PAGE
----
Daily Dodger in review: The great impact bat of Hanley Ramirez

When he was healthy, Hanley Ramirez was the best hitter in the National League last season.
When he was healthy, Hanley Ramirez was the best hitter in the National League last season.
(Robert Gauthier / Los Angeles Times)

HANLEY RAMIREZ, 33 today, infielder

Final 2013 stats: .345 batting average, 20 home runs, 57 RBIs, 25 doubles, 62 runs, 10 steals, .402 on-base and .638 slugging percentages in 336 plate appearances.

Contract status: Next year he’ll earn $16 million in the final season of a six-year contract.

The good: When he was healthy, he was the best hitter in the National League. If he’d had enough plate appearances to qualify, he would have won his second batting title.


Hit both right-handers (.344) and left-handers (.389) equally well. Batted .368 with runners in scoring position. Had a 37-game stretch in the middle of the summer where he was crazy good (.410/.463/.736), which helped ignite the team’s 46-10 run.

Despite missing almost all of the first two months, finished second on the team in homers and RBIs. Played a better shortstop than most anticipated. Hit .500 (8 for 16) vs. Braves in division playoffs.

The bad: Injured his thumb after winning title in the Baseball World Classic for the Dominican and required surgery. Started the season April 29, played four games and strained his left hamstring and returned to the disabled list.

Cooled off for a 21-game stretch mostly in August, hitting .231 (14 for 78). Went 2 for 15 in National League Championship Series against Cardinals.

What’s next: With Juan Uribe re-signed at third, Ramirez looks locked in at shortstop.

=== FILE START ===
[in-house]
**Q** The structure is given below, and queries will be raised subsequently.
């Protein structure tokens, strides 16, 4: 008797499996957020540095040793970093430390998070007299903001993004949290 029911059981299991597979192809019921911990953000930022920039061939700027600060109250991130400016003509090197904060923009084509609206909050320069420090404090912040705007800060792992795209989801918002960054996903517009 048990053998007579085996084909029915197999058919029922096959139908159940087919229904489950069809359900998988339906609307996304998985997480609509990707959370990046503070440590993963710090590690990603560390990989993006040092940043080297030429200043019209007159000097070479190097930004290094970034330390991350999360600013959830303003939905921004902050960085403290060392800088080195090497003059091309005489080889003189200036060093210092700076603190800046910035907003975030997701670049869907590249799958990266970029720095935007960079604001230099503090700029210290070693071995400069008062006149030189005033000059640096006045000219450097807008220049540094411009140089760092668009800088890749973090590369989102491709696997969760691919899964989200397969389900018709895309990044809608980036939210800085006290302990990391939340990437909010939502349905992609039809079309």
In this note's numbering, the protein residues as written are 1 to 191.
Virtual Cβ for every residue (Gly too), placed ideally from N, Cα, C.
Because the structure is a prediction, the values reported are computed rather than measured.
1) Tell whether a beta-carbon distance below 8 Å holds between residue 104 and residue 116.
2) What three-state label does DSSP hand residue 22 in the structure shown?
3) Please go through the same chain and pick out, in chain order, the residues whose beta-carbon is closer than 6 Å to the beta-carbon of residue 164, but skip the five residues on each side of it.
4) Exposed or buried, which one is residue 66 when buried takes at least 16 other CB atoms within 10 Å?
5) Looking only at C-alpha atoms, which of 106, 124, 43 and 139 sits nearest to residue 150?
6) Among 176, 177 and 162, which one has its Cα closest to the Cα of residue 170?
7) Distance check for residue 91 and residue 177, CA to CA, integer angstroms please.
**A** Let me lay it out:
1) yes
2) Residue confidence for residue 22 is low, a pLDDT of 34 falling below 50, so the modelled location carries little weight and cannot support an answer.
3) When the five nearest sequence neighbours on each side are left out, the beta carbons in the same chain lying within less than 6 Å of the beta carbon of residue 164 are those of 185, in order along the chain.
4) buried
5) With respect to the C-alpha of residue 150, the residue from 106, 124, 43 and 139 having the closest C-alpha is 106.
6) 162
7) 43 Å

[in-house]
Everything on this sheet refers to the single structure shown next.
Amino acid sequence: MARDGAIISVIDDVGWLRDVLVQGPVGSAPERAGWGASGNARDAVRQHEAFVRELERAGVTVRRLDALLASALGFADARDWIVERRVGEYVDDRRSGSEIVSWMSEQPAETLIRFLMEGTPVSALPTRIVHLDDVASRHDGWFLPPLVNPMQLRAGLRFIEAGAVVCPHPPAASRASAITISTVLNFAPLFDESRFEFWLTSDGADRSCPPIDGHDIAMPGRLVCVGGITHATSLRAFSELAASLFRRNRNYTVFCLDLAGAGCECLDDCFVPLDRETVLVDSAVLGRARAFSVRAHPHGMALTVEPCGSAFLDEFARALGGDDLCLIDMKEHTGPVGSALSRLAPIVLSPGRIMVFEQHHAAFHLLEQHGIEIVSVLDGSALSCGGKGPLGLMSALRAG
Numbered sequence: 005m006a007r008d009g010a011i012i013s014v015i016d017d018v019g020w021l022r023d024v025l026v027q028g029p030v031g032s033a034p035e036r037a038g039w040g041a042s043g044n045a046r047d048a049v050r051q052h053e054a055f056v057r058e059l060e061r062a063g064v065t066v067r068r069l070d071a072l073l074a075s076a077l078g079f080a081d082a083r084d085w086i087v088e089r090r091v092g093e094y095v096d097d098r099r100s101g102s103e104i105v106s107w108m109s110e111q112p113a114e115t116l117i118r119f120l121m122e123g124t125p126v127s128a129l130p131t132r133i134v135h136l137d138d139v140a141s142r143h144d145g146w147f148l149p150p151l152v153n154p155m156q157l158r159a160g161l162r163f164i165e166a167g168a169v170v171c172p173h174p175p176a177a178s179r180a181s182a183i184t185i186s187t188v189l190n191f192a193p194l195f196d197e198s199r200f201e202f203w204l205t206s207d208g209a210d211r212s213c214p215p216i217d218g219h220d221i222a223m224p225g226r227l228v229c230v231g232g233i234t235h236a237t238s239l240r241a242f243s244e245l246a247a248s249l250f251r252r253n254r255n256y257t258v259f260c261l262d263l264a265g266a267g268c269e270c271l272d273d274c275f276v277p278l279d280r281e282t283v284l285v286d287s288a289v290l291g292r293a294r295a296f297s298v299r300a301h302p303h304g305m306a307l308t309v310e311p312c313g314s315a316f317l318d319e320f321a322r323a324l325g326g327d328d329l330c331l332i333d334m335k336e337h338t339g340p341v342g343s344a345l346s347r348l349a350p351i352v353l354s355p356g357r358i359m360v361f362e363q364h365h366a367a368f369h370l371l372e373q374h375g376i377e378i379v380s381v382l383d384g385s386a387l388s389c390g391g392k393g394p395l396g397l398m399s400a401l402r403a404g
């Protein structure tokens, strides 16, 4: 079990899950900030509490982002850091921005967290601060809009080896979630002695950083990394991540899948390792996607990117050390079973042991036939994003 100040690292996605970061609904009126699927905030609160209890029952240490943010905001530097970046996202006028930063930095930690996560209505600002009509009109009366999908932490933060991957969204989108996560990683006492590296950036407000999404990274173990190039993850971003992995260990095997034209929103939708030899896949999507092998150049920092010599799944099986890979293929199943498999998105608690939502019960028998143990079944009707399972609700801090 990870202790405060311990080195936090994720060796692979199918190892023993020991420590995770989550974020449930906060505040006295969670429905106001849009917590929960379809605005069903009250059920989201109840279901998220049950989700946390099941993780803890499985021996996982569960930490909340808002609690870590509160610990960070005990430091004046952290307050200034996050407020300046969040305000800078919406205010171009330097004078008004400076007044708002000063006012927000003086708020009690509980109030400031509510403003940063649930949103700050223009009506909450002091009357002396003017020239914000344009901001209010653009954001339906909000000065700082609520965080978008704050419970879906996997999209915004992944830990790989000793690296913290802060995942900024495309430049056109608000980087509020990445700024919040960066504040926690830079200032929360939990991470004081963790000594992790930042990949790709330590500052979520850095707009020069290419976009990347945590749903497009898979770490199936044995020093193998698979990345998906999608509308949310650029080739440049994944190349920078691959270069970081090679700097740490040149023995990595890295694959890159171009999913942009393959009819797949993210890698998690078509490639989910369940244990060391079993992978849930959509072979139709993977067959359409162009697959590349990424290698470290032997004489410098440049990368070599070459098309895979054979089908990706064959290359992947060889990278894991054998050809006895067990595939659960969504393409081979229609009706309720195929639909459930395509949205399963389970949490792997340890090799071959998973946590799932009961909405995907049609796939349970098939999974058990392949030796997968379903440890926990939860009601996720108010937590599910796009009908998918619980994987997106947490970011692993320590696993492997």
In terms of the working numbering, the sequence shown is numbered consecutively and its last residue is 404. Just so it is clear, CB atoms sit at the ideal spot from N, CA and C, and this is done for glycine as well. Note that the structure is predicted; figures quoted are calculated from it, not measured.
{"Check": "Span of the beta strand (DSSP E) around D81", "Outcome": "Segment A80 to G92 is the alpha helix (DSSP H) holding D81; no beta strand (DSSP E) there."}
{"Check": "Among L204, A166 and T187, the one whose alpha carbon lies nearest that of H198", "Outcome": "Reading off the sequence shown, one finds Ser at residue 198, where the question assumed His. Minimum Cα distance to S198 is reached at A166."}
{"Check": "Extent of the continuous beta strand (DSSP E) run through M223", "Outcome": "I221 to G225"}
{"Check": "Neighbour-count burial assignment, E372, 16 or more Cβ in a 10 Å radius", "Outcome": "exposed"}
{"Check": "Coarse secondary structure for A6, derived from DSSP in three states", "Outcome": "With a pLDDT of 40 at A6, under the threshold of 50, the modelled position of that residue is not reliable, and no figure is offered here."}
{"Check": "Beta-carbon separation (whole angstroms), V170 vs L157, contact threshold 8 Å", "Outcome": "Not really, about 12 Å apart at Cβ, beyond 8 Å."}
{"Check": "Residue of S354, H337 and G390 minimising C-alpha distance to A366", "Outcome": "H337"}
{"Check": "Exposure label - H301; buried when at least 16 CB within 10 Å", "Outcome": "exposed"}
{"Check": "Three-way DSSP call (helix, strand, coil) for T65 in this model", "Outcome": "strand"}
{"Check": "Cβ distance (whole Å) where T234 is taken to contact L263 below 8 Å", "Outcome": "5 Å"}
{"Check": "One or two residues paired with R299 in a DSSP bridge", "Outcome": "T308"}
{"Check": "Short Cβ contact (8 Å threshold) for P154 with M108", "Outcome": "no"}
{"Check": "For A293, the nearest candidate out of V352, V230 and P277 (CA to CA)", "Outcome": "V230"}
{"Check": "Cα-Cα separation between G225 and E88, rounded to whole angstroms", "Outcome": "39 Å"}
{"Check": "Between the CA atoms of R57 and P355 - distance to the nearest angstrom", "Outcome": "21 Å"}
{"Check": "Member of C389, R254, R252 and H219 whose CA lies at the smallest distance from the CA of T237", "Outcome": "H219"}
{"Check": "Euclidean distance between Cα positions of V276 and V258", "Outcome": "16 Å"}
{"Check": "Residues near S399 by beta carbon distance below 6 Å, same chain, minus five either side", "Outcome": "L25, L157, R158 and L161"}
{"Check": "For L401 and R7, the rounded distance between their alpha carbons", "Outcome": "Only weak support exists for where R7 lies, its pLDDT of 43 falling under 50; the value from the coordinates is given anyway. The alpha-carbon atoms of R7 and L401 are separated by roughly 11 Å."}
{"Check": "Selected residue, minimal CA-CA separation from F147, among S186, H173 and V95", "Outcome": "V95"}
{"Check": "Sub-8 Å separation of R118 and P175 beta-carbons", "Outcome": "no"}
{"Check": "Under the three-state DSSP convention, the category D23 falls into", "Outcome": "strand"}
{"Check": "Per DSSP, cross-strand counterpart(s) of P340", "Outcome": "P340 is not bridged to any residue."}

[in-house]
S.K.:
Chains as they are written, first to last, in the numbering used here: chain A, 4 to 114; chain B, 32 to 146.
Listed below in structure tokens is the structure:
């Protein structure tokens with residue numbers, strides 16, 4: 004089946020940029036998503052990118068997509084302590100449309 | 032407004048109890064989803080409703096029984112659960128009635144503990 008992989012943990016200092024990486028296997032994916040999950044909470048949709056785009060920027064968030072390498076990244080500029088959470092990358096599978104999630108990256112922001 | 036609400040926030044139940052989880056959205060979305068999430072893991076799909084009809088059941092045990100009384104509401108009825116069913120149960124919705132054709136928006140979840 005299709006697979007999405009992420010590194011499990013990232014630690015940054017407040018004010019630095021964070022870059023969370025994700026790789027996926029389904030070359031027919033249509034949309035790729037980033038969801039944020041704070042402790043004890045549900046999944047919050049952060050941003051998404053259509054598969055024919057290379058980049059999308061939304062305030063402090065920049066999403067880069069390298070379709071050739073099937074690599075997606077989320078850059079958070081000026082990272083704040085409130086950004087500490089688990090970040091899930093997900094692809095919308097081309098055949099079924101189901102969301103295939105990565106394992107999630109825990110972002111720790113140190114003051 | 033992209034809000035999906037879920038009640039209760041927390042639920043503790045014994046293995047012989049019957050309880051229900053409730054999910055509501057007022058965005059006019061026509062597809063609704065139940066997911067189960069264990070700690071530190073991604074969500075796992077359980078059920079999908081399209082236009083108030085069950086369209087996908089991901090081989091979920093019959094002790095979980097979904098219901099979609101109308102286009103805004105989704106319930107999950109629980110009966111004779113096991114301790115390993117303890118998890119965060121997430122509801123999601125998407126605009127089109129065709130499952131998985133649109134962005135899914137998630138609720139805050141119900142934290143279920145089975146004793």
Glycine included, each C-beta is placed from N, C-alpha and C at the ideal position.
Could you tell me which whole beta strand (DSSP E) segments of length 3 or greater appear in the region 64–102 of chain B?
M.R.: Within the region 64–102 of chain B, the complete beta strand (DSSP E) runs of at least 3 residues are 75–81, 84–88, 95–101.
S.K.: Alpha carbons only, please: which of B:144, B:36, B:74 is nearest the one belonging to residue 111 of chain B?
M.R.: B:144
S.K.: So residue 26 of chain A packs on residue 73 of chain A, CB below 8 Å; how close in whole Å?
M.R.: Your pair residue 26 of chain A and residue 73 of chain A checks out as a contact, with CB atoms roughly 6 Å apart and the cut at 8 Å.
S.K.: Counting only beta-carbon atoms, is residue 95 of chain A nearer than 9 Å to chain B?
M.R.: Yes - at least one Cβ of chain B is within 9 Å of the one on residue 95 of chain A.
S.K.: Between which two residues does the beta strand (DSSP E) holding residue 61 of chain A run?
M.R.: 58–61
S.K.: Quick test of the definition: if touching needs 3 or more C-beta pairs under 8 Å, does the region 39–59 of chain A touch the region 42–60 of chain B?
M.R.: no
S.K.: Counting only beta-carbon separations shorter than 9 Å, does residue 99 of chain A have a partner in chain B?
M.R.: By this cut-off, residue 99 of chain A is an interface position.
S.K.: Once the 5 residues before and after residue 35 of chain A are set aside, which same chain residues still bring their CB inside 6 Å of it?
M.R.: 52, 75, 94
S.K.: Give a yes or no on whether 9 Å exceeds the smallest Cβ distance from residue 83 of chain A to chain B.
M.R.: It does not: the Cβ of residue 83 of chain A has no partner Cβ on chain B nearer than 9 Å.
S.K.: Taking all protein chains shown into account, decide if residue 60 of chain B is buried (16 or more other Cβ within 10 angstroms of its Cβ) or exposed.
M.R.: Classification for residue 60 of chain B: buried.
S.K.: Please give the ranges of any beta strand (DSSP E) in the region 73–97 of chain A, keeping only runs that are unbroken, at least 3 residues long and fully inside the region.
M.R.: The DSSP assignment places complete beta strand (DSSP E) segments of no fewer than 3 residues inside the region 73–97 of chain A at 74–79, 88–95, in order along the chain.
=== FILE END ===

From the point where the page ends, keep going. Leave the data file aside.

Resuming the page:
The take: Ramirez was one fun player to watch hit last season. He absolutely put the hurt on baseballs, hitting almost everything incredibly hard. If he had played the entire season, he would have been the league MVP.

I was against playing him at shortstop, particularly with faith shaken in Uribe, but he proved reliable. He still doesn’t get to as many balls as you would expect with someone with his speed, but he handled what he did get to and committed a tolerable 13 errors.

Ramirez enjoys playing here after some difficult times in Miami, and wants a new long-term deal with the Dodgers. There’s no hurry, though, and it would be prudent for the Dodgers to see him stay healthy and duplicate last year’s production before signing him to some multiyear extension.

He can be a little moody, but has not been the troublemaker painted with the Marlins. He emerged as one of the team leaders and appears to have earned the clubhouse respect of Yasiel Puig, which does not seem an easy task.

The Dodgers are clearly a superior team when Ramirez is in the middle of the lineup. He is that “impact bat” teams almost dream about, so he figures to be around awhile. And happy birthday, Hanley.